AI

Why Microsoft’s cloud business could soon be bigger than Windows

You’d never know it from Microsoft’s (MSFT) press coverage, but as a company, it is kicking butt and showing the path forward for big tech.

The Redmond, Wash., software giant announced last week that Cortana, its digital assistant, is being positioned as an application, not a platform.

Microsoft has already made a big leap into the cloud, one that is already paying off nicely. Now, its future is subscription applications that run everywhere.

Investors should pay attention.

The transition began in 2014. That’s when Satya Nadella, Microsoft’s 49-year-old CEO, started pushing subscriptions and the cloud as the future of the company.

He worked with Red Hat (RHAT) to boost Azure Cloud, the company’s cloud-computing platform. Another deal was struck with Salesforce (CRM) to bring Microsoft Office applications to its giant customer relationship management platform. And Nadella reached out to Amazon.com (AMZN) so Cortana play could play nice with Alexa.

It was a monumental remaking of the business Bill Gates and Steve Ballmer built …

Windows as a platform became secondary. Hardball tactics with competitors were replaced with collaboration.

Critics argue that Microsoft backed into this strategy.

The spectacular failure of Windows Phone and the slow adoption of Cortana as an AI voice platform is evidence Redmond simply could not compete with the likes of Apple (AAPL), Alphabet (GOOGL) and Amazon.

That’s fair. Building platforms is difficult even in the best of times. In the era of big tech, billion-member ecosystems and network effects, the process is almost impossible.

Nadella explained the paradox in a 2017 interview with the editor of GeekWire. Microsoft could not to attract developers without market share, and it could not gain share without applications from developers.

But that does not mean Microsoft is in a position of weakness. Focusing on applications has been transformative for the company.


Today, Microsoft looks more like Adobe (ADBE) and Salesforce, and less like IBM (IBM) or Oracle (ORCL). Its applications are delivered from the cloud, and run smoothly everywhere. Subscriptions generate two-thirds of its revenues, which produce strong cash flows.

Moreover, it has also gotten its Office suite to run well on Apple and Android devices. This has strengthened its productivity leadership in the corporate world.

While Apple suppliers were talking about dwindling demand for iPhones and Alphabet executives were being hit with anti-competition fines in Europe, Microsoft was quietly becoming the most-valuable public company in the world.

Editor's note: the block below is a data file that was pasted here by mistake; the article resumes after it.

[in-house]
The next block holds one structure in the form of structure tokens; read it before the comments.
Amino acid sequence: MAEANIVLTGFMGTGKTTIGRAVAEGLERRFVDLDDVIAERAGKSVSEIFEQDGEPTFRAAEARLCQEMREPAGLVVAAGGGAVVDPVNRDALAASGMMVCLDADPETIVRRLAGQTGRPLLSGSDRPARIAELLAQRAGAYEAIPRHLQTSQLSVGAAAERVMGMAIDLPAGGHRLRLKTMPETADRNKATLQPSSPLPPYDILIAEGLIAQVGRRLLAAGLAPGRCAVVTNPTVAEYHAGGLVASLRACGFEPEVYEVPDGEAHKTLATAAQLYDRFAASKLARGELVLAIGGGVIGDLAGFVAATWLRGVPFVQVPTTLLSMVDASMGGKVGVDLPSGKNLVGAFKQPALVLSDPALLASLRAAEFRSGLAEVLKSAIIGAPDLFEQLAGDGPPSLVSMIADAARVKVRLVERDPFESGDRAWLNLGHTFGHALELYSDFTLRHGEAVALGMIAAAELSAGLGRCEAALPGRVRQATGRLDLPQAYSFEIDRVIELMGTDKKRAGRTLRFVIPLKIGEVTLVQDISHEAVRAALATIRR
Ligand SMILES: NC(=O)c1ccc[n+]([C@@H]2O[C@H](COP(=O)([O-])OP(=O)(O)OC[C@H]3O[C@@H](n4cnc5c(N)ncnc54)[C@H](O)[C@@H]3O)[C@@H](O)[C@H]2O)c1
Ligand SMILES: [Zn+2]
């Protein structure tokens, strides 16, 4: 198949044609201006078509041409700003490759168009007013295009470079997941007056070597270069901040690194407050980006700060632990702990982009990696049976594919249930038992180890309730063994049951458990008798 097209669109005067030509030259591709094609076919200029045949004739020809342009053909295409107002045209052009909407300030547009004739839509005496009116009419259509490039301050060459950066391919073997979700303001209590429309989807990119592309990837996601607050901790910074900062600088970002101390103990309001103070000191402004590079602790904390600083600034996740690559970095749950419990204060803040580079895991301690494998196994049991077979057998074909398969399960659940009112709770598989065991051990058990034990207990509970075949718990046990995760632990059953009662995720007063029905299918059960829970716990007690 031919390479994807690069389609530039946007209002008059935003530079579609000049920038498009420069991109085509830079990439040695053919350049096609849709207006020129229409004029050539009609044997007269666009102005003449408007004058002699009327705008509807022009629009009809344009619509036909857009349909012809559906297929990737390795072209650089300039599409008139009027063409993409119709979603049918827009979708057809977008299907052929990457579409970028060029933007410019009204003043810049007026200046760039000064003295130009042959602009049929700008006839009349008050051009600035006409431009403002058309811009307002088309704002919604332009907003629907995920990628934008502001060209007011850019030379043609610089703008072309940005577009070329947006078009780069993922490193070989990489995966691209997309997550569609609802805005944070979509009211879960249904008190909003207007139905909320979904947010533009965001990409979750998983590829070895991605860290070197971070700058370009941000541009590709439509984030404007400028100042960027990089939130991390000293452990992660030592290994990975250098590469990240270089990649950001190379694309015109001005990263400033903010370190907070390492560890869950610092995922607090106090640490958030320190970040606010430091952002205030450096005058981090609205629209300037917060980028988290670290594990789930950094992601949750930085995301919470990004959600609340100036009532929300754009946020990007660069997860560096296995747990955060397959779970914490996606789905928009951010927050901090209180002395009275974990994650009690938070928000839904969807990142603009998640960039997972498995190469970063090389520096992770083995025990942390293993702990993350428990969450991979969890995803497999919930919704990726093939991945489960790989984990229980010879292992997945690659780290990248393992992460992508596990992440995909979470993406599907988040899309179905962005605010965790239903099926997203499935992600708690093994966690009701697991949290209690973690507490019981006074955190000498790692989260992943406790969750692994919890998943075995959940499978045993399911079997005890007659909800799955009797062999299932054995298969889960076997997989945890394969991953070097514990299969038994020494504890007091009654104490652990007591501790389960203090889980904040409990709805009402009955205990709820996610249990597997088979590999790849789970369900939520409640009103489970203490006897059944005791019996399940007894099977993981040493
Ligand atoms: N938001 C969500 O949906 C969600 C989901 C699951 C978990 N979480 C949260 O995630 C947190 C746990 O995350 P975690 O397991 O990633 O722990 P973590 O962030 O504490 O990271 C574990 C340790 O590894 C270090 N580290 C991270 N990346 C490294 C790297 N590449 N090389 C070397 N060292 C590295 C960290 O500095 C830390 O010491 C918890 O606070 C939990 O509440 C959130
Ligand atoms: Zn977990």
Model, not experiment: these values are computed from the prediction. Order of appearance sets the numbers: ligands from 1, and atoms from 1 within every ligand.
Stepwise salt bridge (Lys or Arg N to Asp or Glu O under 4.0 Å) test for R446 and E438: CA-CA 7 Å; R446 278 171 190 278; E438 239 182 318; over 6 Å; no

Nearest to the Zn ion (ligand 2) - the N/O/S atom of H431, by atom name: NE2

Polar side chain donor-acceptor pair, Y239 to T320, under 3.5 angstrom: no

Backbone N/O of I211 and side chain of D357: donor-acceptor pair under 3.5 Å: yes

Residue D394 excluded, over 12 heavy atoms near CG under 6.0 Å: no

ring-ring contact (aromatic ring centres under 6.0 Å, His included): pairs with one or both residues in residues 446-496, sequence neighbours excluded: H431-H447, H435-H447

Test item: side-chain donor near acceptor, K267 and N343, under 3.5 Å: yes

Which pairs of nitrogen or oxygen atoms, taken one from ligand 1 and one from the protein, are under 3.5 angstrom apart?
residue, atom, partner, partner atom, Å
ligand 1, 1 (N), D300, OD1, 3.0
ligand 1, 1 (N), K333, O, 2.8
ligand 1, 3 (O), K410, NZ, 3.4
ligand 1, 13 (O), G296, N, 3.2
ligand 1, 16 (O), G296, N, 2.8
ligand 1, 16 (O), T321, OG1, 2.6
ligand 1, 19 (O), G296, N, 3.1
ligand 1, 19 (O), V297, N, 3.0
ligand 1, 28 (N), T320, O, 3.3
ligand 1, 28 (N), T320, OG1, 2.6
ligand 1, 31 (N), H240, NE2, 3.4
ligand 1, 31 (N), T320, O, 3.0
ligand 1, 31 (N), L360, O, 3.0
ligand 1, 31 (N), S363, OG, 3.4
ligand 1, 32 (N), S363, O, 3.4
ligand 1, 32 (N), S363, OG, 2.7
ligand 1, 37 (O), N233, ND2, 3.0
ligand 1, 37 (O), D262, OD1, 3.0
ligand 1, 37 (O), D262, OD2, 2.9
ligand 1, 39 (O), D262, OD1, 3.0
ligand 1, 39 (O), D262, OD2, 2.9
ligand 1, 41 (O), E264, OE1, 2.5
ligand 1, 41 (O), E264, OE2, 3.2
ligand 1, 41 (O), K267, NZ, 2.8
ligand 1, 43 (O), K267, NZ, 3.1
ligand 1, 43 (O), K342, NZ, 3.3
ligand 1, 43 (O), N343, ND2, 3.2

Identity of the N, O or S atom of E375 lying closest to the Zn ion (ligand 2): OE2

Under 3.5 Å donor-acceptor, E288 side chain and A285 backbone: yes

Along the way, Microsoft acquired networks. It spent $26.2 billion in 2016 for LinkedIn, a popular social media network for professionals. In 2018, it acquired code-sharing site GitHub for $7.5 billion.

Behind the scenes, Azure continues to grow quickly. Sales at the public and hybrid cloud business surged 76% in the first fiscal quarter of 2019.

Although Microsoft does not break down specific financials for its cloud operation, CNBC reported in December 2018 that sales could reach $26.4 billion through fiscal 2021.

That would make Azure a bigger business than Windows.

Cloud is the foundation for all of Microsoft’s businesses, present and future. Productivity, server, enterprise, advertising and Windows have all moved to the cloud. The company is even building a Netflix-like game-streaming service that will live in the cloud.

It is easy to focus on all the moves Microsoft managers got wrong. But they are getting more right than all their competitors in the service space.

It’s freaky. The company that built Windows is now the biggest player in the open-source developer community.

It makes perfect sense. The new Microsoft is about getting company software to run well on as many platforms as possible.

That focus means applications are as portable as they are ubiquitous. It also means subscribers are loath to leave these services.

With a market cap of $814 billion, Microsoft shares have held up much better than the rest of big technology. And at 21x forward earnings, they trade at a significant premium to its rivals Oracle (13.4x), IBM (9.6x) and Apple (11.3x).

This premium is largely justified. Microsoft has stronger prospects and a more secure stream of future revenues.

If you want to get into, or back into, techs, consider buying Microsoft shares into the next major decline.

Best wishes,
Jon D. Markman

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